The NHS is halfway through its ambitious transformation programme for mental health and great progress has already been achieved. However, the COVID-19 pandemic has had significant consequences for mental health. COVID recovery in mental health is not limited to clearing the ‘backlog’; it also requires finding ways to manage increased prevalence, acuity and complexity. These pressures have widened the treatment gap for people with a mental health condition and addressing them will require sustained effort to further transform and expand mental health services.
Our commitments for 2022/23
Expanding access and recovering performance standards
- Support the continued rollout of crisis services.
- Further increase access for children and young people (CYP) aged 0 to 25 years through mental health support teams and community mental health services.
- Expand access to Improving Access to Psychological Therapies (IAPT) and continue the expansion of the workforce.
- Work across all systems to support demand and capacity management in light of increased prevalence, including supporting the recovery of waiting times standards in CYP community eating disorder services.
Supporting new models of care
- Support the delivery of new models of community mental health services integrated with primary care and increasing the number of adults and older adults with severe mental illness (SMI) who receive care.
- Oversee the expansion of liaison services and development of joint investment plans between mental health and ambulance commissioners.
- Support systems to develop multi-year mental health workforce plans that will enable the transformation and expansion of mental health services to deliver the full scope of the Mental Health Long Term Plan.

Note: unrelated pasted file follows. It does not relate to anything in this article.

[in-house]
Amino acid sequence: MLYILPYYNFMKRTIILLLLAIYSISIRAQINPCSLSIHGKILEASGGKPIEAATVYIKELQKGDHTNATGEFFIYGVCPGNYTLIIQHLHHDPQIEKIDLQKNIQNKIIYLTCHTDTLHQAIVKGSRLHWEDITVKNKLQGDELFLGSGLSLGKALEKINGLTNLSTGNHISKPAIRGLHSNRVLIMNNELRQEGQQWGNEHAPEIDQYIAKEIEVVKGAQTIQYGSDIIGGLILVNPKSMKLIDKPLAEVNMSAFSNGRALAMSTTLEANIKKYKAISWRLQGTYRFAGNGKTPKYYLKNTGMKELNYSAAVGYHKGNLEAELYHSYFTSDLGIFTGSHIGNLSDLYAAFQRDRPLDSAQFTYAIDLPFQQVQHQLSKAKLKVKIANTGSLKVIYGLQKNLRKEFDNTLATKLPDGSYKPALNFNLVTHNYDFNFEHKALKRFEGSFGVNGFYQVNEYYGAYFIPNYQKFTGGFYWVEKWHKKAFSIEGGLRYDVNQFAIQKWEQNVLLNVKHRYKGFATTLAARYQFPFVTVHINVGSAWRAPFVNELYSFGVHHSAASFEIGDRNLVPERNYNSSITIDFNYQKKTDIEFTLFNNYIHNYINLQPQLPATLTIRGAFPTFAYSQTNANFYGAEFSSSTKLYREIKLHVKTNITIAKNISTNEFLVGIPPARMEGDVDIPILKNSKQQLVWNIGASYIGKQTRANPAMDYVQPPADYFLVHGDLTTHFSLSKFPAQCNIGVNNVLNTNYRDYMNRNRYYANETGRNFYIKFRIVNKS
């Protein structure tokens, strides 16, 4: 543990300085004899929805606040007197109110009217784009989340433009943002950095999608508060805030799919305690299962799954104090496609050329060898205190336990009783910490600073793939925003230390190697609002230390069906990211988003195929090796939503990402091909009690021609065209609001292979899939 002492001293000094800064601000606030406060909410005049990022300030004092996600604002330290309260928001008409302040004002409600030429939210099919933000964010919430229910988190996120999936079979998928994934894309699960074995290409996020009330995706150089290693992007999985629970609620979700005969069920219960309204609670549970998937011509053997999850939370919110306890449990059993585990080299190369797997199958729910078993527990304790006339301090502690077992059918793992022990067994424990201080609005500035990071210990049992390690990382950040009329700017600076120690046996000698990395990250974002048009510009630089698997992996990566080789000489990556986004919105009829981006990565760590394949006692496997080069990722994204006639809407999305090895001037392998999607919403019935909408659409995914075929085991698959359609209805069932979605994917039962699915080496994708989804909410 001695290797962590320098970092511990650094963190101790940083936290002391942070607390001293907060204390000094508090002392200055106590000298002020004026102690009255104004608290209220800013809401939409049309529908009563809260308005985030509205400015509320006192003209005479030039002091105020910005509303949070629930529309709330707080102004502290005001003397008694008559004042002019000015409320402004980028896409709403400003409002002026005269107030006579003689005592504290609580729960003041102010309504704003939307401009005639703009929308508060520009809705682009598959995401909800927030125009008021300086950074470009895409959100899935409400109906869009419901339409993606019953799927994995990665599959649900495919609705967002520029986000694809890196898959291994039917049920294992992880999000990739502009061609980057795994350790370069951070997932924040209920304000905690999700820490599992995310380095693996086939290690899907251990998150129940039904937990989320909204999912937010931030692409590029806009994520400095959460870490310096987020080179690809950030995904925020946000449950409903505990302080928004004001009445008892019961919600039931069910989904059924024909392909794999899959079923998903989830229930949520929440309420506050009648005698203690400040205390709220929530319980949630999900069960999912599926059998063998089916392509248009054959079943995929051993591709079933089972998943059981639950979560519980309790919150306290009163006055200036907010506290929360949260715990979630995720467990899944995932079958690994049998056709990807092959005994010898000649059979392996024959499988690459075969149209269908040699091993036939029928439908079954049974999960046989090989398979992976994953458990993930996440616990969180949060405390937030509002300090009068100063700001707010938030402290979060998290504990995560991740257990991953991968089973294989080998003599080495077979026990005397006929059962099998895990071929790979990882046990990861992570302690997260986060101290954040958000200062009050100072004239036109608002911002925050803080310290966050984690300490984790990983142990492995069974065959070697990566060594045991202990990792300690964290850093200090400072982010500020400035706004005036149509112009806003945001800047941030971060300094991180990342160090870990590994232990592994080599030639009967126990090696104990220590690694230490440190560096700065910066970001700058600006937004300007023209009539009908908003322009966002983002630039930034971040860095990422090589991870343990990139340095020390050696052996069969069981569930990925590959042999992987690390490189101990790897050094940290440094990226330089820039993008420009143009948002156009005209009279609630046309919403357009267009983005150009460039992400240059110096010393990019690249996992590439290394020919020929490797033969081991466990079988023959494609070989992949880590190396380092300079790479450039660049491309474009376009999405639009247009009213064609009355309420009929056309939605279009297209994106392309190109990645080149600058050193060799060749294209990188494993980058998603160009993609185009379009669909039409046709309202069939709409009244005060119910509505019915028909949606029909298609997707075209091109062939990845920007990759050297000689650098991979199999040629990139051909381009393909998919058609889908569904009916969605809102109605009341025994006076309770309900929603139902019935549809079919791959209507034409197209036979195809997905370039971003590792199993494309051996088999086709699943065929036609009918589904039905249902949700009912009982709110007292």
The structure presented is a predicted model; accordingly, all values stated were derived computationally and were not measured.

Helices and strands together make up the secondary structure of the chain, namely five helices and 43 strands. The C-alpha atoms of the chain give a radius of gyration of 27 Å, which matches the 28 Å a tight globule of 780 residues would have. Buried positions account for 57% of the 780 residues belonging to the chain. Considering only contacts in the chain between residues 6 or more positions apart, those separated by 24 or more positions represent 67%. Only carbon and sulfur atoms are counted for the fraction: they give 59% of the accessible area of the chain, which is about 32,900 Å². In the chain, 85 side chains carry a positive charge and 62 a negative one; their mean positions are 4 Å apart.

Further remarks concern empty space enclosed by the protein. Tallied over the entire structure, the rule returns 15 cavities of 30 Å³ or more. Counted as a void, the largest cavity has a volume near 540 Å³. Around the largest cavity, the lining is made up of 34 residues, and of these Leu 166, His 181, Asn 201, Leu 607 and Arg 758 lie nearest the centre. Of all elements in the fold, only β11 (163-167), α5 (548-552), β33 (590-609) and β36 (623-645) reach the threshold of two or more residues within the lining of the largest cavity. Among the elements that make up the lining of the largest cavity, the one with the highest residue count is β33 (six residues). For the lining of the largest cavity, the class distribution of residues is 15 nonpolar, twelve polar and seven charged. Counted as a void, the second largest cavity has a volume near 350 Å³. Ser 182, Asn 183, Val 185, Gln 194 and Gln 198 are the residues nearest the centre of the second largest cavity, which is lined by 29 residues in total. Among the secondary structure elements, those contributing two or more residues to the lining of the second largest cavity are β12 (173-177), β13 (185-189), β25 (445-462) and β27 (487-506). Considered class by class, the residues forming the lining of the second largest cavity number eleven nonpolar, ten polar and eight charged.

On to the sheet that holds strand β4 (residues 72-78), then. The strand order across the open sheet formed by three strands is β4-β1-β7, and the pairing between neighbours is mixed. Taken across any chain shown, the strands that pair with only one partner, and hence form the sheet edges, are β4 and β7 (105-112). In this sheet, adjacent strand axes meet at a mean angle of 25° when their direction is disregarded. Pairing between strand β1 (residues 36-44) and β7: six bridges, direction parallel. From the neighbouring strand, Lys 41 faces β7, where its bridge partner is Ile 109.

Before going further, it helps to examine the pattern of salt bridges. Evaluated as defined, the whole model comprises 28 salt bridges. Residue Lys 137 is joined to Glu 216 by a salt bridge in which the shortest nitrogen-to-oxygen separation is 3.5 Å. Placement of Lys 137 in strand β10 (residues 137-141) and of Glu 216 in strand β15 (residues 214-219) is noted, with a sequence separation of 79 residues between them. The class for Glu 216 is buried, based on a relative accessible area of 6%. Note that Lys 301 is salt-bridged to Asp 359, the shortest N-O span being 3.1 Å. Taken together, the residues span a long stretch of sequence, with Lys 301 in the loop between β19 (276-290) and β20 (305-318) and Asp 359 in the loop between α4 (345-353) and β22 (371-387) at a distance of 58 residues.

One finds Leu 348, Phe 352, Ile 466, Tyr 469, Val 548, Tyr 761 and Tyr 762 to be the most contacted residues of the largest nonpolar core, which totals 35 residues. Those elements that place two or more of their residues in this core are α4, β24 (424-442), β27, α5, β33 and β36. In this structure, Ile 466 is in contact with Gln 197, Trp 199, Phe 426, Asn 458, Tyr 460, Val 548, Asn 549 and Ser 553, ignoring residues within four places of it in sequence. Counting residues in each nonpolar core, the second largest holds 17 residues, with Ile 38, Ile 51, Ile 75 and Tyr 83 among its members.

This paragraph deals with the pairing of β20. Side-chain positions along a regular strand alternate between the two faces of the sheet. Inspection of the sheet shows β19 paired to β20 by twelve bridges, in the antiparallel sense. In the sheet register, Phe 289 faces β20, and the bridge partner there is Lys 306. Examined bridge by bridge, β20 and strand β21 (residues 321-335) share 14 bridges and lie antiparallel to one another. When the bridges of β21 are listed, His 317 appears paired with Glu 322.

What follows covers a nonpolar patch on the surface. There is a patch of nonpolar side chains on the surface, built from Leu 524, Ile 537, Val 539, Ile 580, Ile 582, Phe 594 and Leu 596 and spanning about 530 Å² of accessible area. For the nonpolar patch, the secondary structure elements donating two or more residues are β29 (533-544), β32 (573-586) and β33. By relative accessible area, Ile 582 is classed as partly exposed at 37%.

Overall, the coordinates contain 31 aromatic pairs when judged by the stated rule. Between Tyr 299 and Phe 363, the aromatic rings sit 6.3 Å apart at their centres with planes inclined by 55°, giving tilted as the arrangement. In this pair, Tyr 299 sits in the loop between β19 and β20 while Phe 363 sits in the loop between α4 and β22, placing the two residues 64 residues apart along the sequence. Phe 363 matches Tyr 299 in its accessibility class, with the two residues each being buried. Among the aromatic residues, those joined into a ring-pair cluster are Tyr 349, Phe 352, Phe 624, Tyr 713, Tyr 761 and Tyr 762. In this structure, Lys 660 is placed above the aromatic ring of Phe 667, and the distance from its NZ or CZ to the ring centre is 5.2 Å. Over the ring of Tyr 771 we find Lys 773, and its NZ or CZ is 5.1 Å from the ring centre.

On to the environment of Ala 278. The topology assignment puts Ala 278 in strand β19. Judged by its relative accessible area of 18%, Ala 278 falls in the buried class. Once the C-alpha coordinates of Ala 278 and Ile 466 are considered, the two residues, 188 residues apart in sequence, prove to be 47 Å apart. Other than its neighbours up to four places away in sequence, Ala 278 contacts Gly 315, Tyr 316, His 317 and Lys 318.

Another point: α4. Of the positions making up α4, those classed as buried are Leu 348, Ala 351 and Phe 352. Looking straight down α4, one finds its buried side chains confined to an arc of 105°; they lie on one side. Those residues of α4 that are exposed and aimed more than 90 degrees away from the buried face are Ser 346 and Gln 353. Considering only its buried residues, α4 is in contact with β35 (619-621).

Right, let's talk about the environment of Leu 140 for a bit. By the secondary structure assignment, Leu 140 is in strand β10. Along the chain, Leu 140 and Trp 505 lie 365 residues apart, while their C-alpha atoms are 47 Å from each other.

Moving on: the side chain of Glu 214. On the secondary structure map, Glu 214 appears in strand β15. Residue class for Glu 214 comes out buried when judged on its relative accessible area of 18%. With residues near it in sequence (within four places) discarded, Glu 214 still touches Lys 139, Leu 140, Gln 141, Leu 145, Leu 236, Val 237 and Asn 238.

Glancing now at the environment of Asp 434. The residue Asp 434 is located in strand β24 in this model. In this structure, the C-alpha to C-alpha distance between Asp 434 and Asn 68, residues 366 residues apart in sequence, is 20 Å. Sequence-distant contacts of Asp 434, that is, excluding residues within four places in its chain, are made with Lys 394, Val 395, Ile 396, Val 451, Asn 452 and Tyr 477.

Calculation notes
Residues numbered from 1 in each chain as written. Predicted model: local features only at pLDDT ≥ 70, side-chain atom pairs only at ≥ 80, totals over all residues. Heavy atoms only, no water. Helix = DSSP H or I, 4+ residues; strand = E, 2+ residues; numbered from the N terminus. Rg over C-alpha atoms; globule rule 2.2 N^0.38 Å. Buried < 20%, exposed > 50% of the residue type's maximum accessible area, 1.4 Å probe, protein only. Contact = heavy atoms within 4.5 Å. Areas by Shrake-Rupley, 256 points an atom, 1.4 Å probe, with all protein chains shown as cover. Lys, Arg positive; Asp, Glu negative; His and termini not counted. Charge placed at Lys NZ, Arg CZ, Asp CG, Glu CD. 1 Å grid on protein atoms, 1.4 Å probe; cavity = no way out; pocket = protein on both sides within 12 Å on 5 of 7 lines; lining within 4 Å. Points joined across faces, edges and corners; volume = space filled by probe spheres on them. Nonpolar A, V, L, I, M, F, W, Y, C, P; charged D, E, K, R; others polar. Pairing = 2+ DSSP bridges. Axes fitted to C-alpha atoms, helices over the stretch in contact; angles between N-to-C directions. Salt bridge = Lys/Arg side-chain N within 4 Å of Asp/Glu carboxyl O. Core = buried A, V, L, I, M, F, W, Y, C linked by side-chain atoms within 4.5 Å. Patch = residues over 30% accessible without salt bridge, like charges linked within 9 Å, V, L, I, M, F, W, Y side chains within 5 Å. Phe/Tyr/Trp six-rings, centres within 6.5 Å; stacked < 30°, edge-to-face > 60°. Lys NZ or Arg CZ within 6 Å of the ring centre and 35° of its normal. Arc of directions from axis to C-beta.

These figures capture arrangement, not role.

Learning disability and autism
The COVID-19 pandemic has had a significant impact on the physical and mental health of people with a learning disability and autistic people, children and young people with special educational needs and disabilities (SEND).
This means there is much more to do to improve the physical and mental health of people with a learning disability and autistic people, including by ensure they have access to reasonably adjusted care across the NHS.
Our commitments for 2022/23
- Support further development of community alternatives to help reduce the number of people with a learning disability and autistic people in mental health inpatient care.
- Support the delivery of keyworkers for children and young people at risk of admission to a mental health hospital or who are in hospital to ensure a key keyworker service in all integrated care systems (ICSs).
- Support the improved uptake of learning disability annual health checks (for eligible people aged 14 and over), supporting innovations in autism diagnostic pathways to improve quality and access, and delivery of the LeDeR programme.
- Ensure that reasonable adjustments are provided to support accessibility for autistic people and people with a learning disability, including the ongoing development of the reasonable adjustments digital flag and pre and post-diagnostic support.